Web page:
“Can you please clean the cat litter?”, I ask as I’m running out to get groceries. My daughter’s response: “No thank you!” I don’t know if she thought adding the “thank you” would soften her response and get her off the hook. Did I mention she’s a pre-teen? Yes that’s right, not a toddler. Remember those fun, strong-willed independent toddler days? Well somehow they crawl back into your life in a larger prepubescent body.
I take great comfort in knowing that pre-teen and teen attitude changes are a very normal part of adolescent development. Phew, my kids are normal. Check!
Understanding that this behaviour is a normal part of child development makes it easier for me to stay calm when I need to deal with it, but sometimes it is hard to wrap my head around the attitude changes; it just seems so out of place. Many parents don’t imagine that their well-behaved child who normally does their chores and homework without a fuss will suddenly assert this strong-willed independence and begin to challenge requests. But they do!
During their adolescent years, children often have a changing attitude along with a stronger sense of independence. Not only is there often a noticeable change in attitude, but also ever-increasing emotional outbursts that can be as explosive as Canada Day fireworks!
But it’s ok! They are asserting that they have their own thoughts and opinions and it’s part of normal growth and development.
You may never really know ‘what child’ you are coming home to that day, but this has to do with brain development and the fact that at this age their emotional brain is developing rapidly, while the rational part is taking a backseat. The rational part may not fully develop until the end of their teen years when your child is navigating a complex world while trying to find themself and where they fit in.
So with changing attitudes and high emotions, what’s a parent to do?
Let’s go back to my earlier scenario: I took a deep breath, remained calm, and told her that the cat litter needed to be scooped and the dishwasher emptied, adding: “Between you and your brother, each pick a chore before I get back home.” I did not engage her in a debate. She ended up cleaning the litter box with no issues and both chores were done when I arrived home.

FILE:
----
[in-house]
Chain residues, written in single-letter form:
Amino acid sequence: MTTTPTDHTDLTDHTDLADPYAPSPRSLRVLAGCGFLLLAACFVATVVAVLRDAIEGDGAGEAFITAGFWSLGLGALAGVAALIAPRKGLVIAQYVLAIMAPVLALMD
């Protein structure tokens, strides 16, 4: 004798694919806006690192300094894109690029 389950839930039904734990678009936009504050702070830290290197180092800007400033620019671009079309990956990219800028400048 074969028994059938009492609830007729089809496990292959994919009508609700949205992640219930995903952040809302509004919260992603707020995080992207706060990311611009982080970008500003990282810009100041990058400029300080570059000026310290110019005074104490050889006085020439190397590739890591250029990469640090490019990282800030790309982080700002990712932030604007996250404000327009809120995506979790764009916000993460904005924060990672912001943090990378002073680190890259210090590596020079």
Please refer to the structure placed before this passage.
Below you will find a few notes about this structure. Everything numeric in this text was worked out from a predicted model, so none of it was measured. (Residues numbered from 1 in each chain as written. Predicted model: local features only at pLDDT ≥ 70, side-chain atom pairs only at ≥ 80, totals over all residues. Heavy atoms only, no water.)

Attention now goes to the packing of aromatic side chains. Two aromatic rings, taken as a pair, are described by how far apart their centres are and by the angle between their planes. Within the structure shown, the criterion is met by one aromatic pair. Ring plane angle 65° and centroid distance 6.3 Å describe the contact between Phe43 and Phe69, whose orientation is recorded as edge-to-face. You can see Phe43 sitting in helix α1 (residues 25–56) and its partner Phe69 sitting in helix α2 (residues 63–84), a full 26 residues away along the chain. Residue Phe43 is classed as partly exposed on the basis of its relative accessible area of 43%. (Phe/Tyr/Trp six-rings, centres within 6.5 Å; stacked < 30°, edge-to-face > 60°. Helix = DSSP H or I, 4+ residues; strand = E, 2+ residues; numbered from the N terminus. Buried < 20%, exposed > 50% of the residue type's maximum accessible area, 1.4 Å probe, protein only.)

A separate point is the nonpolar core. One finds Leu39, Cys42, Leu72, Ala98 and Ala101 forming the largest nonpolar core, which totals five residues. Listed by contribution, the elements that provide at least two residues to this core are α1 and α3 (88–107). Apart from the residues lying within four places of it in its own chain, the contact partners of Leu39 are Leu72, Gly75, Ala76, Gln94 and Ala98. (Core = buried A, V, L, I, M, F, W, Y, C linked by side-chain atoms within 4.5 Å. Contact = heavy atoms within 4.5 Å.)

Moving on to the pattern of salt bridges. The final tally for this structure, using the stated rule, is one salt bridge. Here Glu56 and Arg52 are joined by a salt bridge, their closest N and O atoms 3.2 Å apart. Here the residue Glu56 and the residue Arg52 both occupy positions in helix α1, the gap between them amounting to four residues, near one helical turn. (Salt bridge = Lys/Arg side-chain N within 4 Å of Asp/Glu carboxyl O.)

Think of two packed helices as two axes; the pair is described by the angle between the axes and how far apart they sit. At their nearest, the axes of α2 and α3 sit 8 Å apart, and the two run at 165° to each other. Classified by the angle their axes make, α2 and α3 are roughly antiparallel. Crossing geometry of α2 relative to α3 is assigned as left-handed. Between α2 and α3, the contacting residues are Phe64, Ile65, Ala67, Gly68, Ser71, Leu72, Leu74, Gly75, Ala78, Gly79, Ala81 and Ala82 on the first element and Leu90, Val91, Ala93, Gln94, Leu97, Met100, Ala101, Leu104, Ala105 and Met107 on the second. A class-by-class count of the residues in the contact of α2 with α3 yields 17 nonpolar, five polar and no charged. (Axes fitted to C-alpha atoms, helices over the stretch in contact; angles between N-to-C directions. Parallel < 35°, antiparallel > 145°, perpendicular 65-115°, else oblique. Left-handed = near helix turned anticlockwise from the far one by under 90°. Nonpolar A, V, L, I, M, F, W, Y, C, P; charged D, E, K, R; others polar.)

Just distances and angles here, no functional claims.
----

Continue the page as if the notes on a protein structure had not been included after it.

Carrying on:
Some helpful tips:
- As mentioned above, understand what is normal development.
- Get perspective. Try to remain calm and use humour if and when you can.
- Set boundaries. Include your child thoughts when negotiating rules and consequences.
- Help them to cope with their feelings and behaviours. It is not okay to for them to call you names or mistreat you. There is a difference between finding that something is stupid versus calling you stupid.
- Keep lines of communication open. Talk to them often about anything and everything, not just when you have concerns.
- Know when their behaviour is something to be concerned about. The video link below will help you to understand the differences between ‘normal’ adolescent behaviour and when to be concerned and seek help.
Share your stories with us. We’d love to hear from you.
- Leave us a comment below
- Tweet with us @haltonparents
- Follow us on Facebook
- Email us at firstname.lastname@example.org
For parenting information or to speak with a Public Health Nurse (every Monday to Friday from 8:30 a.m. to 4:30 p.m.) simply dial 311 or 905-825-6000.
Great post Cynthia!
I can relate.
Pingback: Top 10 life skills for teens | HaltonParents
Pingback: Are you parenting a teen? Here are 5 actions that will help. | HaltonParents